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Ontario serves up miner with Statement of Defence

The Ontario government says it’s not liable for any damages incurred by a Sudbury -based junior miner after a dispute between the company and a First Nation forced it to abandon exploration work in northwestern Ontario.
The Ontario government is asking the courts to dismiss a lawsuit by Northern Superior Resources which accuses the province of failing in its duty to consult with a northwestern Ontario First Nation.

The Ontario government says it’s not liable for any damages incurred by a Sudbury-based junior miner after a dispute between the company and a First Nation forced it to abandon exploration work in northwestern Ontario.

The province submitted its Statement of Defence with the Ontario Superior Court of Justice on Jan. 21 in response to a $110-million lawsuit filed against the Crown last October by Northern Superior Resources (NSR).

The company accuses the government of failing in its legal duty to consult with the Sachigo Lake First Nation after a series of disagreements with the band caused the company to suspend exploration on a promising gold property in late 2011.

In an 18-page document outlining its position, the government said the company’s claims for compensation are “exaggerated,

excessive, remote” and should be dismissed. The government contends Northern Superior’s decision to stop exploration was their decision and the Crown is not responsible for any demands made on the company by Sachigo, or the company’s decision to reject them.

In its statement, the government claimed from 2006 to 2011, Northern Superior annually entered into a series of benefit agreements with the band that routinely involved remitting 25 per cent of its exploration budget to the community for salaries, infrastructure, capacity building and donations.

This was done with the knowledge, but without the assistance, of the Ministry of Northern Development and Mines (MNDM).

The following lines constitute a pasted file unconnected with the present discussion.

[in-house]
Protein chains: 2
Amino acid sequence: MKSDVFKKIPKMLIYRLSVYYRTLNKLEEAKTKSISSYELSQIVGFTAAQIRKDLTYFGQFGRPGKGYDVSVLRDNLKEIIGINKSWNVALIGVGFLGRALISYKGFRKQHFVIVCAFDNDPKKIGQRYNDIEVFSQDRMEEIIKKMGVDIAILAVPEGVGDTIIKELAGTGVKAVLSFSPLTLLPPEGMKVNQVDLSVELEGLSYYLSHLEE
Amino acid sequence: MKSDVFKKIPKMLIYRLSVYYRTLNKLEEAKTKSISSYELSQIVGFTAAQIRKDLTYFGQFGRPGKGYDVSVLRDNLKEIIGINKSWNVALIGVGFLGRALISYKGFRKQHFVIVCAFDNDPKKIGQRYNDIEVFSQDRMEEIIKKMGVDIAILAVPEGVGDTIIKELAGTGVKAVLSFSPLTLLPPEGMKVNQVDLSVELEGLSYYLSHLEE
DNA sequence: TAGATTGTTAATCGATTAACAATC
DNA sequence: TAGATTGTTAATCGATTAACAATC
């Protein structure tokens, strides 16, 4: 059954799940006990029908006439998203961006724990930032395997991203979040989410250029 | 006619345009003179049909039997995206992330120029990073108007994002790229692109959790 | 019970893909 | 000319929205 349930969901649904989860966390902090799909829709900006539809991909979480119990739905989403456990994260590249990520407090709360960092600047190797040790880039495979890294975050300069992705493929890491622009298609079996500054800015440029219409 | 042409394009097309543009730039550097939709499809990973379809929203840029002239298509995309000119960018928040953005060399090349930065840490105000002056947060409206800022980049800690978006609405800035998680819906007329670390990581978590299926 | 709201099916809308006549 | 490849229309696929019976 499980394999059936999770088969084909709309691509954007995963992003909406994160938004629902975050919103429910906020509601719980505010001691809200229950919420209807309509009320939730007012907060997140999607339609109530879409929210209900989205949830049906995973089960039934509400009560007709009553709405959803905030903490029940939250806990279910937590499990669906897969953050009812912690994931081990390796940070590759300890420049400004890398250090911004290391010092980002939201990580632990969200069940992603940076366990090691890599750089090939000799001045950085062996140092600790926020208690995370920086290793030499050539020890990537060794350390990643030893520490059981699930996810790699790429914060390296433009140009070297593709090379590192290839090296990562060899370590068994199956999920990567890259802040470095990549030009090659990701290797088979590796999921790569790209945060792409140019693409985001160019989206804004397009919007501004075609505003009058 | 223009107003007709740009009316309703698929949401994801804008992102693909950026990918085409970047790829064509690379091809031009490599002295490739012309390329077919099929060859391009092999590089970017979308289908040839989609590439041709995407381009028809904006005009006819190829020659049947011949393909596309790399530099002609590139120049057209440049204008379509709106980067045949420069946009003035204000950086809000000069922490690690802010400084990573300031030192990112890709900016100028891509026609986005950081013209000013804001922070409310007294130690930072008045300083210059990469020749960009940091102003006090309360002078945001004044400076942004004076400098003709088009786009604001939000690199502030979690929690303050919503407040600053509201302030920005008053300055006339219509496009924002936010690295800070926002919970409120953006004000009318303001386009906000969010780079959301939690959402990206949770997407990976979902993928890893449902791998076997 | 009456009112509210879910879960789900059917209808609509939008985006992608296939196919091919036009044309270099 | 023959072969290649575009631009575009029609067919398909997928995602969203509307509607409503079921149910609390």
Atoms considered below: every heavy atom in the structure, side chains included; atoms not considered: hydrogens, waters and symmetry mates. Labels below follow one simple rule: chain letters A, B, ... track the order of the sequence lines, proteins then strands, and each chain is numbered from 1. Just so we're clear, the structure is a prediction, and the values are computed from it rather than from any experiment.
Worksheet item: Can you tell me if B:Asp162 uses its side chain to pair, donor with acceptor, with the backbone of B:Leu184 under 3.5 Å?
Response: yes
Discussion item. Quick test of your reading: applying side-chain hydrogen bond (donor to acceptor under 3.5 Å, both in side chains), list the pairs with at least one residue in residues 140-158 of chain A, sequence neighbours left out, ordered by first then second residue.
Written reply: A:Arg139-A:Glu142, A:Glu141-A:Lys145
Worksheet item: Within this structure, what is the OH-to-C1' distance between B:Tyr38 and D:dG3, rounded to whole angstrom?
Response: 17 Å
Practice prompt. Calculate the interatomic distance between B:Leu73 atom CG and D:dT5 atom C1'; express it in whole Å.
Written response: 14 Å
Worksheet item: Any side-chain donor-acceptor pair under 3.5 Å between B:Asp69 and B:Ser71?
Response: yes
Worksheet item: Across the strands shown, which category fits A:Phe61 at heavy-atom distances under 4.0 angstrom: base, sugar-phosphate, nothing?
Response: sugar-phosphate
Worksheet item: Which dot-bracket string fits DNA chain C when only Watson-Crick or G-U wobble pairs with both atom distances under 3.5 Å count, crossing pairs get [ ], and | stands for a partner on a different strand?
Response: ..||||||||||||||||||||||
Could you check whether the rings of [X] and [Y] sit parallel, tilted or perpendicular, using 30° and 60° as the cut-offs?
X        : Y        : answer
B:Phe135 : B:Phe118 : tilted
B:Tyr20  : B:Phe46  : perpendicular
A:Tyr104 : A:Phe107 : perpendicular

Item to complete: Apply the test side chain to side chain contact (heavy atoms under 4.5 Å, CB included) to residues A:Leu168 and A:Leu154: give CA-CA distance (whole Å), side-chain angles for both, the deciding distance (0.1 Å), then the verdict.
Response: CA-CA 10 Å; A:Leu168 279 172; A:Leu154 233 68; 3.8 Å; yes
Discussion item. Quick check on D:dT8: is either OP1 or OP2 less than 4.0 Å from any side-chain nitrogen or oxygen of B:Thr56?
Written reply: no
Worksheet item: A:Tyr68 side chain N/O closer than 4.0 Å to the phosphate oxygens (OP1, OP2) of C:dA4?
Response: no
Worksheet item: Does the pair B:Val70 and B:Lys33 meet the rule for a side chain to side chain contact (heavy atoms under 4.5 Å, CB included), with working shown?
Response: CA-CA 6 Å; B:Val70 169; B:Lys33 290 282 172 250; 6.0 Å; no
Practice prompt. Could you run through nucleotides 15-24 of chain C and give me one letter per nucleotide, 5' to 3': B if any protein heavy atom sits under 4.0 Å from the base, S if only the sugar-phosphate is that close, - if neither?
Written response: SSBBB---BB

The company and the band enjoyed a good relationship until things deteriorated in 2011, the final straw being Sachigo’s demand for a 24 per cent “administration fee” to be derived from the company’s upcoming exploration budget.

The government contends any community consultation carried out by Northern Superior was done without ministry assistance and any agreements signed with the First Nation were for the company’s own benefit.

The province said it was never asked by the company to intervene and resolve any disputes. And the ministry was only told of the backstory when Northern Superior sent them a letter in September 2012. The government maintains it “made reasonable and good faith efforts” to repair the relationship, even asking the company to participate in meetings with Sachigo Lake, which it refused.

The ministry claims it heard complaints about the company’s “conduct” which included staking claims without informing the band and beginning exploration outside of any agreements with the community. Northern Superior was “invited” by the government to “voluntarily” participate in a new “plans and permits” process under the Mining Act which didn’t take effect until April 2013. The company refused, the government said.

The new regulations require prospectors and companies to submit exploration plans or apply for exploration permits before starting early work. Part of the process requires companies to consult with affected First Nation communities.

Northern Superior is also challenging the government’s decision to impose an exclusion zone around its claims. After the company stopped exploration, the province closed off a 23,000-square-kilometre tract of Crown land from further staking in January, 2012.

Northern Superior claims this would hamper any future exploration efforts in following its gold discovery.

The government responds it did so at the request of the Kitchenuhmaykoosib Inninuwug First Nation, which asked for an embargo on exploration on its traditional territory until it could finish an assessment, estimated to take three to five years.

The province said Northern Superior held no right and no title to that tract of Crown land and “the Crown owed no duty to NSR to consider its interests in advance of withdrawing said lands from staking.”

In a Jan. 24 release, Northern Superior Resources responded that Ontario did nothing to carry out its legal duty to consult with the First Nation and that there was nothing in the Mining Act in 2011 to ensure that consultation could be done properly and any issues that arose could be resolved.

Northern Superior implied that a double standard exists that companies that “peacefully retreat” from the areas where they have been “evicted” by First Nations are “left to their own devices,” while those that cause “civil disobedience and escalate matters” are compensated by government.

The company said what was “novel” in the province’s statement is that mining companies must “bear all the costs” for the duty to consult.

“This is the first time NSR was ever made aware of such a position in this case.”

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